A newspaper reporter and a retired, blind journalist try to solve a series of killings connected to a pharmaceutical company's experimental, top-secret research projects and in so doing, both become targets of the killer.
A young man tries to help a teenage European girl who escaped from a clinic hospital after witnessing the murder of her parents by a serial killer and they try to find the killer before the killer finds them.
Jennifer Corvino, the daughter of a famous actor, has had trouble with sleepwalking for some time. Her doctor said that it can develop a split personality. She discovers her alternate personality when she stays at a boarding school that was once the home a Richard Wagner. But someone has been killing the students, and it relates only indirectly to the criminal sanitorium nearby. So it's up to "the two greatest detectives the world has ever known, or should I say, unknown"Written by
Scott Hutchins <firstname.lastname@example.org>
Jennifer Connelly said in an interview that she was bitten by the chimp in this film. Apperently during one scene the chimp kept turning around and Dario Argento, not wanting to film her behind, asked Connelly to place her hand on the animal to stop her from turning. But when she attempted to do so, the chimp became enraged and bit her; and then became very hostile toward Connelly for the rest of the film. See more »
Lots of the scenes with the larvae, the amount of the larvae changes. One good example is the 'glove', there's first only three larvae on it which she also seems to shook off, then later on when inspecting it under the microscope it seems to be filled with larvae. See more »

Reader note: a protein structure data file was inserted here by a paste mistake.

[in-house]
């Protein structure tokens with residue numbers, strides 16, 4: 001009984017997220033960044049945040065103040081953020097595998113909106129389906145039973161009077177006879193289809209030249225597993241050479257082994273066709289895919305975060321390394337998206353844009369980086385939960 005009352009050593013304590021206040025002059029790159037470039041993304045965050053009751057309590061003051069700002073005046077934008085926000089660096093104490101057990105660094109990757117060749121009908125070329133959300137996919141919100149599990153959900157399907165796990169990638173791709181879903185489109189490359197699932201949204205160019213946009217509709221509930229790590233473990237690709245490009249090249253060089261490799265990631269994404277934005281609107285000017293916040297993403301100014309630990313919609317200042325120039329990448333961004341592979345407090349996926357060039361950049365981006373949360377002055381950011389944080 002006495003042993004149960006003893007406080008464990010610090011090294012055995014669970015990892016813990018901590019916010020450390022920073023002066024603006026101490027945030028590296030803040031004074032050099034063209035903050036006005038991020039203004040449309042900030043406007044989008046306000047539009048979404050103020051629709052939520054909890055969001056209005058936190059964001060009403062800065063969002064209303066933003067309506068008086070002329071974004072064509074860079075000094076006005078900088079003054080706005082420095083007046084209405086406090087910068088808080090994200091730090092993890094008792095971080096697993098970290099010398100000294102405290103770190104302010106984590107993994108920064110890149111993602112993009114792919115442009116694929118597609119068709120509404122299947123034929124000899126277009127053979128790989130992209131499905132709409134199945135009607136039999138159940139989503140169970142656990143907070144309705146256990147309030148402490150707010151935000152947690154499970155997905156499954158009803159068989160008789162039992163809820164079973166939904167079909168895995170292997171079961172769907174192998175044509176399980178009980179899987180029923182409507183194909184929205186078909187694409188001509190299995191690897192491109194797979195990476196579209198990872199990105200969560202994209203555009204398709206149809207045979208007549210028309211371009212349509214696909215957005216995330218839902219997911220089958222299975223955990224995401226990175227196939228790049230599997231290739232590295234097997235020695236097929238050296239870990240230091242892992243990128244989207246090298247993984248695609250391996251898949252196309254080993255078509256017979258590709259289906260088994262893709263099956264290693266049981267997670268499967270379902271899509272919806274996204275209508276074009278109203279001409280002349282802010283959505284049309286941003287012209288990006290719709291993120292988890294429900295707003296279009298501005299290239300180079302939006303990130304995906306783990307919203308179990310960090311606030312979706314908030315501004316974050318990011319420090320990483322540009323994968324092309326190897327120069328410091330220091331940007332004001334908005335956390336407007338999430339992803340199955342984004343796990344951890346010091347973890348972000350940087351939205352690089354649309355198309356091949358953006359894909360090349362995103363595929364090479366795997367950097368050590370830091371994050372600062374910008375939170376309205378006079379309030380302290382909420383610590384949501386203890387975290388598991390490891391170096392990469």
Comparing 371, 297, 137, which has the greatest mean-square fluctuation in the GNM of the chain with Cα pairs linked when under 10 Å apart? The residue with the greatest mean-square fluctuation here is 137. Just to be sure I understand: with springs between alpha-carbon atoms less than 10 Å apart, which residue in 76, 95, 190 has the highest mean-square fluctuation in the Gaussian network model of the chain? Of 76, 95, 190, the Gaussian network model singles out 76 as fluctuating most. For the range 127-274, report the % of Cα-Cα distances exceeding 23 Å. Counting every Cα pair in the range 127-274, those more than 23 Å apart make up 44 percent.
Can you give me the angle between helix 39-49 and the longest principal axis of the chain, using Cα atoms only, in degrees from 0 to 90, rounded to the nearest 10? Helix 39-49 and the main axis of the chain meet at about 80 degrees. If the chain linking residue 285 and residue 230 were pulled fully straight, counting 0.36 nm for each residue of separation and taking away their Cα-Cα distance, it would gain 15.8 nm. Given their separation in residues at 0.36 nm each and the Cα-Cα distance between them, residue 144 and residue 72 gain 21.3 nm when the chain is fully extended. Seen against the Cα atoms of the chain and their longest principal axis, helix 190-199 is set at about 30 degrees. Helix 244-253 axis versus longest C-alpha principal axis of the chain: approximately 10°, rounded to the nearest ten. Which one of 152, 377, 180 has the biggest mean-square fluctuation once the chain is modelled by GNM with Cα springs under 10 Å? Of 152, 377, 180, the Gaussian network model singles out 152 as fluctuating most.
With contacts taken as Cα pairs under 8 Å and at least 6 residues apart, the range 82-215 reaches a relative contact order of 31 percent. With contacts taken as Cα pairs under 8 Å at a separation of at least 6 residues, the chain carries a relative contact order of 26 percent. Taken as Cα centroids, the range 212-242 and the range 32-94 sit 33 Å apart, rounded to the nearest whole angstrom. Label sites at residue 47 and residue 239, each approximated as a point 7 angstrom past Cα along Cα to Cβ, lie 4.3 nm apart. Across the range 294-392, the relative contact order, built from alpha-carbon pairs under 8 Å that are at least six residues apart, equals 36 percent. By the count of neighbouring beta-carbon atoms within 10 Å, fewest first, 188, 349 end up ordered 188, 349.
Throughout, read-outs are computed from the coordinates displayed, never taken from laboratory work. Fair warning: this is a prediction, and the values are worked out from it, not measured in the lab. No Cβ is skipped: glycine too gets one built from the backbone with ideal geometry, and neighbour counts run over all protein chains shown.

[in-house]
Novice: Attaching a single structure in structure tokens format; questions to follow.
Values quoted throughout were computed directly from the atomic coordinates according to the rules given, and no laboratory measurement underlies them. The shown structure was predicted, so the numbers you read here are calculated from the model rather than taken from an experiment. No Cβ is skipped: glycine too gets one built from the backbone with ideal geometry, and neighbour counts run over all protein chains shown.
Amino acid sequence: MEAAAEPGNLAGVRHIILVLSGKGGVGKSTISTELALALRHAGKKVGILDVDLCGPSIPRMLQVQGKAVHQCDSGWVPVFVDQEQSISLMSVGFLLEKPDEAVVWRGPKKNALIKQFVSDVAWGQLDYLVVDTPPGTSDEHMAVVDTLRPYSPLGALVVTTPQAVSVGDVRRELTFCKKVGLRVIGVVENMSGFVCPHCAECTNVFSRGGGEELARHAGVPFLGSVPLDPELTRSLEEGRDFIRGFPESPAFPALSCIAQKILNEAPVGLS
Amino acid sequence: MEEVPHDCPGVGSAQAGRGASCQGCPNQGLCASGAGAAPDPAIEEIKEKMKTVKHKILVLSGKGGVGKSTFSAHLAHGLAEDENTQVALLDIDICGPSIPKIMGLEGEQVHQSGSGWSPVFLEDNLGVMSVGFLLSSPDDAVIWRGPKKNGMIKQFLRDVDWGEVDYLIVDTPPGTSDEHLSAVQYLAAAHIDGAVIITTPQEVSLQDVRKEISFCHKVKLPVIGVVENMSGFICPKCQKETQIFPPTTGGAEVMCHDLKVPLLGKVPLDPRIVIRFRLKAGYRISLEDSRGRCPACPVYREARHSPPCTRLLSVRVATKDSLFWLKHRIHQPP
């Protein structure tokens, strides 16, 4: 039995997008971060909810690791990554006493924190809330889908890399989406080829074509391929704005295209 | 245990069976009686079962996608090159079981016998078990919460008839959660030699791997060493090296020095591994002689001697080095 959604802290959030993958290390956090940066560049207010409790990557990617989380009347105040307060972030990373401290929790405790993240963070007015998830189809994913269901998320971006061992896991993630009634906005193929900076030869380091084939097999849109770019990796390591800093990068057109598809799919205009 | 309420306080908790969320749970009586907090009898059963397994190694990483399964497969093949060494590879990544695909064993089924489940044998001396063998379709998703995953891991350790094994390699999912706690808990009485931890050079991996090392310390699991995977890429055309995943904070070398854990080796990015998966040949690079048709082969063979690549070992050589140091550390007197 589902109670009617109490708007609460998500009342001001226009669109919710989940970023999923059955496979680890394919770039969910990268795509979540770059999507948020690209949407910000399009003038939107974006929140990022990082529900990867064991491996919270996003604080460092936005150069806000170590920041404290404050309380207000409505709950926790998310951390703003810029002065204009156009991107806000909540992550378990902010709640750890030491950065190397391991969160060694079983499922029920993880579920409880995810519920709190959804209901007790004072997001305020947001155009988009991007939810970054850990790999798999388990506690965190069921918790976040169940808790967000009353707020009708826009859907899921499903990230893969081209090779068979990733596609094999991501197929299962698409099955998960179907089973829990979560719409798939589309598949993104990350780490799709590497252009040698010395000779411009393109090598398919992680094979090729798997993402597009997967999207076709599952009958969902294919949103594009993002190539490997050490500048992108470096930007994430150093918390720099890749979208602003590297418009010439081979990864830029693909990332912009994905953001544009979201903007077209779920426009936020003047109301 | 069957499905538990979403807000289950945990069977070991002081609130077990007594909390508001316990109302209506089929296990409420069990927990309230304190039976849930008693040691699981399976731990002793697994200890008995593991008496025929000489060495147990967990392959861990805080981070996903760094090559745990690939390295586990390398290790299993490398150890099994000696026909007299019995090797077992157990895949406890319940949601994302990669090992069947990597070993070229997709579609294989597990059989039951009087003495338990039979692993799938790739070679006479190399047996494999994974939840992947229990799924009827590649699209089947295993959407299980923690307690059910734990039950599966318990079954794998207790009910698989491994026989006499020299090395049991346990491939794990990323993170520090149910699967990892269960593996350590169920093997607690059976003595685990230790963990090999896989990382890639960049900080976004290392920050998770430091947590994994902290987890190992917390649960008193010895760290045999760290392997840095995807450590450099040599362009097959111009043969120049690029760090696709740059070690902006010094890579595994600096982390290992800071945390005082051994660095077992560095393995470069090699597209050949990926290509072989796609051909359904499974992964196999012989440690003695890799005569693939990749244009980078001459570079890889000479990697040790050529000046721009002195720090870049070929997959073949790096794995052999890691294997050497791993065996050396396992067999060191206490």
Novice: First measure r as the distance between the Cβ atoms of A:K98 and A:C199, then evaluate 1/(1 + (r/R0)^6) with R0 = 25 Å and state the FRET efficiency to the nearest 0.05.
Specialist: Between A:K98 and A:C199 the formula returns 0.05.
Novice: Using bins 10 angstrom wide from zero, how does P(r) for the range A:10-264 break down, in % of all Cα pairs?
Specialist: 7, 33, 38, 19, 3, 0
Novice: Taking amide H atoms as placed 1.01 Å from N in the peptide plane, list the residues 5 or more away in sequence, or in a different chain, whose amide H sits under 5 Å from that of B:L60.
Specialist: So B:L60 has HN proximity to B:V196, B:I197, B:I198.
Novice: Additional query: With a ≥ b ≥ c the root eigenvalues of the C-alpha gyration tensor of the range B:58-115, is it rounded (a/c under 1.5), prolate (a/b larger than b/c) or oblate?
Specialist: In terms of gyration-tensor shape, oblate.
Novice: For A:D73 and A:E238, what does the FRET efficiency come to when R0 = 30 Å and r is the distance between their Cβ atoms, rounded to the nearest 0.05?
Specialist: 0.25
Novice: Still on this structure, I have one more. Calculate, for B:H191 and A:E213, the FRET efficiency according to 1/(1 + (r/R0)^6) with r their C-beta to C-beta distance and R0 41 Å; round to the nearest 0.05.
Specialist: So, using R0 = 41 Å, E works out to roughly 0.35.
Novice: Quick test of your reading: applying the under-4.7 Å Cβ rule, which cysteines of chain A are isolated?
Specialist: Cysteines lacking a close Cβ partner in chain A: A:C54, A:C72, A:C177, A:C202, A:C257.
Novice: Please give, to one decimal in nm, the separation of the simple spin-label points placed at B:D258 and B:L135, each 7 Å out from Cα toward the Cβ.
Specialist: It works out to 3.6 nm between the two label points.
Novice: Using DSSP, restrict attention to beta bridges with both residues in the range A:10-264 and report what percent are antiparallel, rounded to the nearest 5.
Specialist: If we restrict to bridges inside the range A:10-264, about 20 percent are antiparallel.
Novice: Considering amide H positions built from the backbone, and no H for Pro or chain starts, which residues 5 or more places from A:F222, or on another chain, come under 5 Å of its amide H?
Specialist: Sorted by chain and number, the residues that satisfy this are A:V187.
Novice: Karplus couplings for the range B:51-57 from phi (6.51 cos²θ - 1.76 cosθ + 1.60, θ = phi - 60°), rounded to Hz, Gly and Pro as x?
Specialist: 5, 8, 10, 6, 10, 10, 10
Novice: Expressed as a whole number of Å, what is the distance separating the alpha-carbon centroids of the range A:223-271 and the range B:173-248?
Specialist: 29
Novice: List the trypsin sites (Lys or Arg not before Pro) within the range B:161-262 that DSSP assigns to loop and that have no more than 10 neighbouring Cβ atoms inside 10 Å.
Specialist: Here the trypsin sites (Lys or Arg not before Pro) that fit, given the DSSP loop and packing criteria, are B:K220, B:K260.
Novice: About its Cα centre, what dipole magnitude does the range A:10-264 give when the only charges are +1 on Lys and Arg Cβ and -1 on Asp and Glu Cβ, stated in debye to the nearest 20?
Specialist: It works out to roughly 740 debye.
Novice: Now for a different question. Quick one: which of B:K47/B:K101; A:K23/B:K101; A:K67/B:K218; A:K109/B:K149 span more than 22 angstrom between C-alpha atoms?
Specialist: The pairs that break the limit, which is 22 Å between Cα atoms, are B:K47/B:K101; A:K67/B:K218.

[attempts to kill Jennifer with a slide]
He was diseased; but he was my son! And you have... Why didn't I kill you before? I killed that no-good inspector and your professor friend, to protect him! And now... I'm gonna KILL YOU TO AVENGE HIM! Why don't you call your INSECTS! GO ON! CALL! CALL!
[Inga then attacks Frau and slashes her to death]
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The English language credits claim that this film was "shot in Panavision." This film was shot with Panavision cameras and Panavision spherical lenses for the European spherical widescreen format of 1:1.66. See more »
The scenes not included in the Anchor Bay DVD release of Phenomena were supposedly omitted because this was requested by the director. See more »
(****1/2 out of *****) My personal favorite Argento picture, this stars a young Jennifer Connelly (who would later go on to win a best supporting actress oscar for "A Beautiful Mind") as an American student in a snobby Swiss boarding school that is being terrorized by a brutal serial killer. Helping Connelly find the murderer are crippled Donald Pleasance, his intelligent primate assistant, and the entire insect world, with which Connelly has an unexplainable psychic connection. This movie may be short on sense and logic, but it more than makes up for it with outrageous style and bizarre uniqueness. It's like a twisted fairy tale, with heroic flies, disfigured killer midgets, and vengeful chimpanzees with straight razors. As in Argento's "Opera," some of the use of annoying late 80s metal bands (like Iron Maiden and Motorhead) doesn't work half as well as the ominously beautiful score composed by Claudio Simonetti. Argento's never been a great writer of dialogue, so some of the lines seem pretty stilted, and you also have to put up with some so-so acting from a good majority of the cast (also, unfortunately, typical of a lot of Argento's movies), but these things are easy to overlook in the midst of the nightmarish beauty and creepy atmosphere on display here. Also stars Daria Nicolodi in a more wicked role than usual and Patrick Bauchau as a police detective.
HIGHLIGHT: The plot becomes more and more freakishly surreal until Connelly finds herself, first, in an underground tunnel, following the extension cord of a telephone (a scene reminiscent of Alice in a seriously frightening Wonderland), and, later, in a filthy pool full of human bones and maggots.
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